Last week, the first intermodal transport to the European Union under a single customs transit document and a single guarantee within TIR system set off from the United Arab Emirates. The cargo will be delivered to its destination by sea.
The operation was launched after the authorities of the United Arab Emirates authorized another customs office for the TIR procedure. The transport left the SAIF zone in Sharjah to the port of Jebel Ali. The cargo will continue to Hamburg, from where it will be transported by land to Olomouc in the Czech Republic.
The logistics operator Kuehne + Nagel runs the transport. The cargo will be taken over by Metrans on the route between Germany and the Czech Republic.
The first intermodal transport operation under the TIR is the result of cooperation between the International Transport Union (IRU), transport organizations in the Emirates and the local customs office as well as German and Czech trade unions – BGL and CESMAD Bohemia.
When entrepreneurs see time and cost savings, TIR will become an ideal solution in the UAE and the region,” comments Umberto de Pretto, secretary general of the IRU.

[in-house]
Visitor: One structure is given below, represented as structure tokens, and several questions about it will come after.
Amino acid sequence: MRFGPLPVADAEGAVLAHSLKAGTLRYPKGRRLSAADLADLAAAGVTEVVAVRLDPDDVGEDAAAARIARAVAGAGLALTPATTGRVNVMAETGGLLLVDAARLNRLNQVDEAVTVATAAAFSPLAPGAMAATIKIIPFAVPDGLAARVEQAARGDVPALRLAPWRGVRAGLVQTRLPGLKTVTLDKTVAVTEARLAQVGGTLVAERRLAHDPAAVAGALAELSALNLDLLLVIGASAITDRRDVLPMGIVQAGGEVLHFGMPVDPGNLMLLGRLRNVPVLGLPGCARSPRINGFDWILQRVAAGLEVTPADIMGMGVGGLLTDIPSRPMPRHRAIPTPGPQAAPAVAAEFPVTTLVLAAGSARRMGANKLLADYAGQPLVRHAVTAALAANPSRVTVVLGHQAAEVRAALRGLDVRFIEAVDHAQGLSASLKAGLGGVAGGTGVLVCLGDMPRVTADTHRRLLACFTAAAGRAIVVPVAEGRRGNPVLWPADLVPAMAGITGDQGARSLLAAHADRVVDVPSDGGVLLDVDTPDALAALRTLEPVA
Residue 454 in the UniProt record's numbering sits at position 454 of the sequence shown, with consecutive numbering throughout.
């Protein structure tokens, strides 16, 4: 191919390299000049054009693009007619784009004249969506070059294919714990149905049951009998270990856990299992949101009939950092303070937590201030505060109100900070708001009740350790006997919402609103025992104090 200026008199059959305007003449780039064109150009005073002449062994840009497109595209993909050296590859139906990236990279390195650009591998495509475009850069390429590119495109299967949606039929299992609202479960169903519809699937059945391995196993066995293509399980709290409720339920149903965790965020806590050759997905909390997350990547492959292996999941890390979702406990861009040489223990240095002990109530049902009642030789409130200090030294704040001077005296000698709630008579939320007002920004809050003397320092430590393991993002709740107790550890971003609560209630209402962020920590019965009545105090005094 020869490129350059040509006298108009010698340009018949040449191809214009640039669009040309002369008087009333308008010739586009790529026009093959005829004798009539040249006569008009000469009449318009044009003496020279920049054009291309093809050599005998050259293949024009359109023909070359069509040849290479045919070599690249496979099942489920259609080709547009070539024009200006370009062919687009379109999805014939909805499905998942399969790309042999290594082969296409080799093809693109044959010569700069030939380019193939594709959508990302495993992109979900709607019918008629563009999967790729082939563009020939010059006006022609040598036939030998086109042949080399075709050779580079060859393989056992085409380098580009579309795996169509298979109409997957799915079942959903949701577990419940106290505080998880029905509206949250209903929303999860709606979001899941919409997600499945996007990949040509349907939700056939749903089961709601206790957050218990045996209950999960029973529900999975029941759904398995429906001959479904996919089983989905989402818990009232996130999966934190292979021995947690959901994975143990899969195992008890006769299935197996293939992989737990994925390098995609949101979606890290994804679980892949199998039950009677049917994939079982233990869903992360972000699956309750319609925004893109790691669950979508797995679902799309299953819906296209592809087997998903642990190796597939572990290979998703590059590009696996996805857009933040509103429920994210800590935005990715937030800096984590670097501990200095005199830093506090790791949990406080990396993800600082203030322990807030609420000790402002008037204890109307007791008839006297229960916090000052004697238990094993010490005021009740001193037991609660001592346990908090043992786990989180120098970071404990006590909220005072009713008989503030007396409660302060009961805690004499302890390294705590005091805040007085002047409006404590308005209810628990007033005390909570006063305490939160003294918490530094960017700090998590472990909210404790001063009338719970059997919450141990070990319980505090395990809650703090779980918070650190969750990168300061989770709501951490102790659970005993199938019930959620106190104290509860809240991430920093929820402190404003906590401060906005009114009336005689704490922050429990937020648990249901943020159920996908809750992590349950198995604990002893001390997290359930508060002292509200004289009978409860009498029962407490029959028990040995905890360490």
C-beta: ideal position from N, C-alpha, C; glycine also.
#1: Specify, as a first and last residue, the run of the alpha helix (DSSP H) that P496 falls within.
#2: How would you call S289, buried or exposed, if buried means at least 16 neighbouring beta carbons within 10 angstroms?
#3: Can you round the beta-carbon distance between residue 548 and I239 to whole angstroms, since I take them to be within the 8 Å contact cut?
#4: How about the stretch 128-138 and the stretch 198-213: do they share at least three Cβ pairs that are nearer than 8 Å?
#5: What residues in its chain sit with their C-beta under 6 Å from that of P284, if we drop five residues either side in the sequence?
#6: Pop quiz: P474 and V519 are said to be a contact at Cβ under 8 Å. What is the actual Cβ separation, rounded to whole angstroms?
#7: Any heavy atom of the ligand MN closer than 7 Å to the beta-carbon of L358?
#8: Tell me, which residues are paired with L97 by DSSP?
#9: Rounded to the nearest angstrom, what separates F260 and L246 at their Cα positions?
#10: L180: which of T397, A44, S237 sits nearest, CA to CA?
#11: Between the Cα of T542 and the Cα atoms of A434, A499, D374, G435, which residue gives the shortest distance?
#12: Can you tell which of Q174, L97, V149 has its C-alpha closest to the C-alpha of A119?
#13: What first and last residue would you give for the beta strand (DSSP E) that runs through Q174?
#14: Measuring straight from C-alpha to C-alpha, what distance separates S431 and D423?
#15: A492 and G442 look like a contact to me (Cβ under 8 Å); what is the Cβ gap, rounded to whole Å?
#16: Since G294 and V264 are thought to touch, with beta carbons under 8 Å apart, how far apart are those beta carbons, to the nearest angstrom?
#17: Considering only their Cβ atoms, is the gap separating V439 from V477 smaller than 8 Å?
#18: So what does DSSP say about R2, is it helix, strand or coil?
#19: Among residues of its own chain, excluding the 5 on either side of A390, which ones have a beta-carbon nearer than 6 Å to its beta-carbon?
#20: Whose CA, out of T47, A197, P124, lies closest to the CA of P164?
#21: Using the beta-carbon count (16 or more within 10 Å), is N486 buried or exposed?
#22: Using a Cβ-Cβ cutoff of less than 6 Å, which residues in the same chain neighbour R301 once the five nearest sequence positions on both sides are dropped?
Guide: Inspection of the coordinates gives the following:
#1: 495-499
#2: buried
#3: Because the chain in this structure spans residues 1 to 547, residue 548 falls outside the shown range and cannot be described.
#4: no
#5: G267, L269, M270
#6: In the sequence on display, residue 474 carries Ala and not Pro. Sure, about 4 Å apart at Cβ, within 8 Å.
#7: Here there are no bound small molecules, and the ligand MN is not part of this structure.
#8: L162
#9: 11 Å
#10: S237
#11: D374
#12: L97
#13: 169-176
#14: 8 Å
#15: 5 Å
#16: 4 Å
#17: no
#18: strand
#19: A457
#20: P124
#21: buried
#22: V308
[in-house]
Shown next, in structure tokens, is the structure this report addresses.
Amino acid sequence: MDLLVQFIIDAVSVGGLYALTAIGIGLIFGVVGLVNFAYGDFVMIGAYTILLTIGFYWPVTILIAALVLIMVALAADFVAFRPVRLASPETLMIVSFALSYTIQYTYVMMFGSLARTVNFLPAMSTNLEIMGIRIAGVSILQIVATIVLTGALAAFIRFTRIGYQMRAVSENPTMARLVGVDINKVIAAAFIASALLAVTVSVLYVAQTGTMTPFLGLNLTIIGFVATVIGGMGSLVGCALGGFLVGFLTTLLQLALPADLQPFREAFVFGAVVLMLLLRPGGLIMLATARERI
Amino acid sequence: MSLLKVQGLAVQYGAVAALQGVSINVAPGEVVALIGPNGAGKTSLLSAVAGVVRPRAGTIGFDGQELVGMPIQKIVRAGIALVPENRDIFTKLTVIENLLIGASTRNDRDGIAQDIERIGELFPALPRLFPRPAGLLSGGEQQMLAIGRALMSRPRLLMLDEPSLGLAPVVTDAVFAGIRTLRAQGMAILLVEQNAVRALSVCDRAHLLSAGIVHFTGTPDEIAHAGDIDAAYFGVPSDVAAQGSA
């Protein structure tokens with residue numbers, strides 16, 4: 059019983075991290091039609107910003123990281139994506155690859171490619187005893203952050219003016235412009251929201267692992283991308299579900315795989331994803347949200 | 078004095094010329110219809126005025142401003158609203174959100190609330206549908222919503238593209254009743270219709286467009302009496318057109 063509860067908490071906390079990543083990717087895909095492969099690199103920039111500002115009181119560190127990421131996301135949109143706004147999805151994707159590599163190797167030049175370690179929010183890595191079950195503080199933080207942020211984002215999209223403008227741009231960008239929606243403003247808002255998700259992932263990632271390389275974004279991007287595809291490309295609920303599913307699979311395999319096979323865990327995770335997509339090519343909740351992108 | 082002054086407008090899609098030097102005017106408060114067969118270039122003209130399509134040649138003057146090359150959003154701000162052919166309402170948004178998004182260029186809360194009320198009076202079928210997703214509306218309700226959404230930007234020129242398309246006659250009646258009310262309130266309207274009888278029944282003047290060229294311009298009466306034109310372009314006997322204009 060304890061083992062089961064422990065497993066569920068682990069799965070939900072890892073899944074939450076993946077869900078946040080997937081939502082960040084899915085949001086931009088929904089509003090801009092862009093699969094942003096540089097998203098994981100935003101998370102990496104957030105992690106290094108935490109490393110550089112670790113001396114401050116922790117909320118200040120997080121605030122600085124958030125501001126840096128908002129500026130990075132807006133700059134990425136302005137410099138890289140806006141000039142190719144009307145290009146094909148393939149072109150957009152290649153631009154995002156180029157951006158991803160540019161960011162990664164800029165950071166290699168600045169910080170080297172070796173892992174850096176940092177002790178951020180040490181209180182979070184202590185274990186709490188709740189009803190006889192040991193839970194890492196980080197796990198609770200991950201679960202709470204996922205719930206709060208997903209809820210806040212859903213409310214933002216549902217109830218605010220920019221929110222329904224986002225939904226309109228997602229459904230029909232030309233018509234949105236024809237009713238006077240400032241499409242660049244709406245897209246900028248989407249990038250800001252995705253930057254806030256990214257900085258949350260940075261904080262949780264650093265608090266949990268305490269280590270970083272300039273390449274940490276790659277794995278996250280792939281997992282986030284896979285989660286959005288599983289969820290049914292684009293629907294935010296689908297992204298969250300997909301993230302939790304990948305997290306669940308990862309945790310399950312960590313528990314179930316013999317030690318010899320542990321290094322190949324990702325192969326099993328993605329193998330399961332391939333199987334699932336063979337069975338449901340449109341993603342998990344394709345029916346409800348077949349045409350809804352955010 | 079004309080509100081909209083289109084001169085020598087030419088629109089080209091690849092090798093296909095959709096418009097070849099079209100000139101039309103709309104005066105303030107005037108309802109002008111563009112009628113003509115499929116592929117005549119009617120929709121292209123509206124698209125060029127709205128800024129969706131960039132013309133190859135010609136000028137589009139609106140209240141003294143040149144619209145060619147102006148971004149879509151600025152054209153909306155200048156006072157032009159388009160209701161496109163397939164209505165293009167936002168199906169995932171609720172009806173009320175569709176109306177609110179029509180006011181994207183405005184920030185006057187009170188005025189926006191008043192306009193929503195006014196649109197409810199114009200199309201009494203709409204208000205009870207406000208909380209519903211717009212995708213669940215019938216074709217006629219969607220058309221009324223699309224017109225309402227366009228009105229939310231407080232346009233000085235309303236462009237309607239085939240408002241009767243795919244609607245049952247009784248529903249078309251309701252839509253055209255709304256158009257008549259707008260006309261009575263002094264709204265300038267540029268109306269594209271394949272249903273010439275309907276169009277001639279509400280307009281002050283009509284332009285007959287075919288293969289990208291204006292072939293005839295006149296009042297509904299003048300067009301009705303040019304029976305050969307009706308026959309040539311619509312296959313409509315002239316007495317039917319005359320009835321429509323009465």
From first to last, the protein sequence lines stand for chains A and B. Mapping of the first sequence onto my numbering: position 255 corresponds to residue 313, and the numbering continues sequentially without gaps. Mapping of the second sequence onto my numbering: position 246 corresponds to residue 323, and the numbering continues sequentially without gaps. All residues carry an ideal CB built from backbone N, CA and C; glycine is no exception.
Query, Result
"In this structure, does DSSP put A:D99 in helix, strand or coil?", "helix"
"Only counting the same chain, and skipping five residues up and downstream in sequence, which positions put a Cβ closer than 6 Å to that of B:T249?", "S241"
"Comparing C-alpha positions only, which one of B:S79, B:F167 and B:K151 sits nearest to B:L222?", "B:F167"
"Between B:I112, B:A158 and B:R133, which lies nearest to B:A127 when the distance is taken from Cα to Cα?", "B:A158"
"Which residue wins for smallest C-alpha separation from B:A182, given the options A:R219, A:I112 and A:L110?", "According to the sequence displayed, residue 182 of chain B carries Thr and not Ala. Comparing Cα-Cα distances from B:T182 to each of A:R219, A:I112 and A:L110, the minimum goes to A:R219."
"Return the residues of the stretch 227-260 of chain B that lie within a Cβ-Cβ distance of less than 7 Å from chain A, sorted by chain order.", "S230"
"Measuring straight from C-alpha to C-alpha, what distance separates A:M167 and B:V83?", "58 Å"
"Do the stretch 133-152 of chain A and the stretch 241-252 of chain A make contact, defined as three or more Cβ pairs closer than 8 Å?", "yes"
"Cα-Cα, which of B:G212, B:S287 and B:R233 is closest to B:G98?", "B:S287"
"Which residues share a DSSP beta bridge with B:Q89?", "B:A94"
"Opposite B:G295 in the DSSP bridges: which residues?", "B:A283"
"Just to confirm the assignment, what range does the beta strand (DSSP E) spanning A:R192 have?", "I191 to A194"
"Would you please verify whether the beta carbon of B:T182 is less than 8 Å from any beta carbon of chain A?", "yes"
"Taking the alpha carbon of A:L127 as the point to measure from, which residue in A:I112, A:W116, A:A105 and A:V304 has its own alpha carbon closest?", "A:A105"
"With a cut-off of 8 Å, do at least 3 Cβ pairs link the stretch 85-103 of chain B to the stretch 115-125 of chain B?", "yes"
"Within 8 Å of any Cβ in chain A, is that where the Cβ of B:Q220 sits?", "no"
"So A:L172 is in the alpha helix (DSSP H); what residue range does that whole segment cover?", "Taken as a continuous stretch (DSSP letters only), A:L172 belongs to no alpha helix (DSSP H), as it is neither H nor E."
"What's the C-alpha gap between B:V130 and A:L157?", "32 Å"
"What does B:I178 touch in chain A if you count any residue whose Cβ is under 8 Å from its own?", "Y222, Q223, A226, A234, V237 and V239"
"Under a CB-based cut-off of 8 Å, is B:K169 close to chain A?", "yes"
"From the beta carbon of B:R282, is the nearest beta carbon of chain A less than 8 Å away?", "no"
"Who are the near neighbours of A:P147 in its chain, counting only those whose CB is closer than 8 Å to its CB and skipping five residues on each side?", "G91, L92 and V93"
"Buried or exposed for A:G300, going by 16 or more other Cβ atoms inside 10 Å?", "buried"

The United Arab Emirates want to implement the TIR procedure more extensively
Currently, preparations are underway to implement the TIR procedure in all seven Emirates. The system will complement the plans for the development of intermodal transport.
The use of TIR in our intermodal transport significantly increases the global competitiveness of the United Arab Emirates. The system provides benefits for the economy, simplifying domestic and international transport and providing access to the global TIR network,” adds Mohammed Jumaa Busaiba, general director of the Federal Customs Office in the Emirates.
The United Arab Emirates are an important commercial center and have a strong economy. The UAE’s strongest trade partners are India and China (both countries are now signatories of the TIR Convention). The TIR Convention offers great potential for improving transit connectivity between ports and free zones and better integrates them with the global supply chain.
Photo: Wikimedia/Imre Solt GFDL ver. 1.2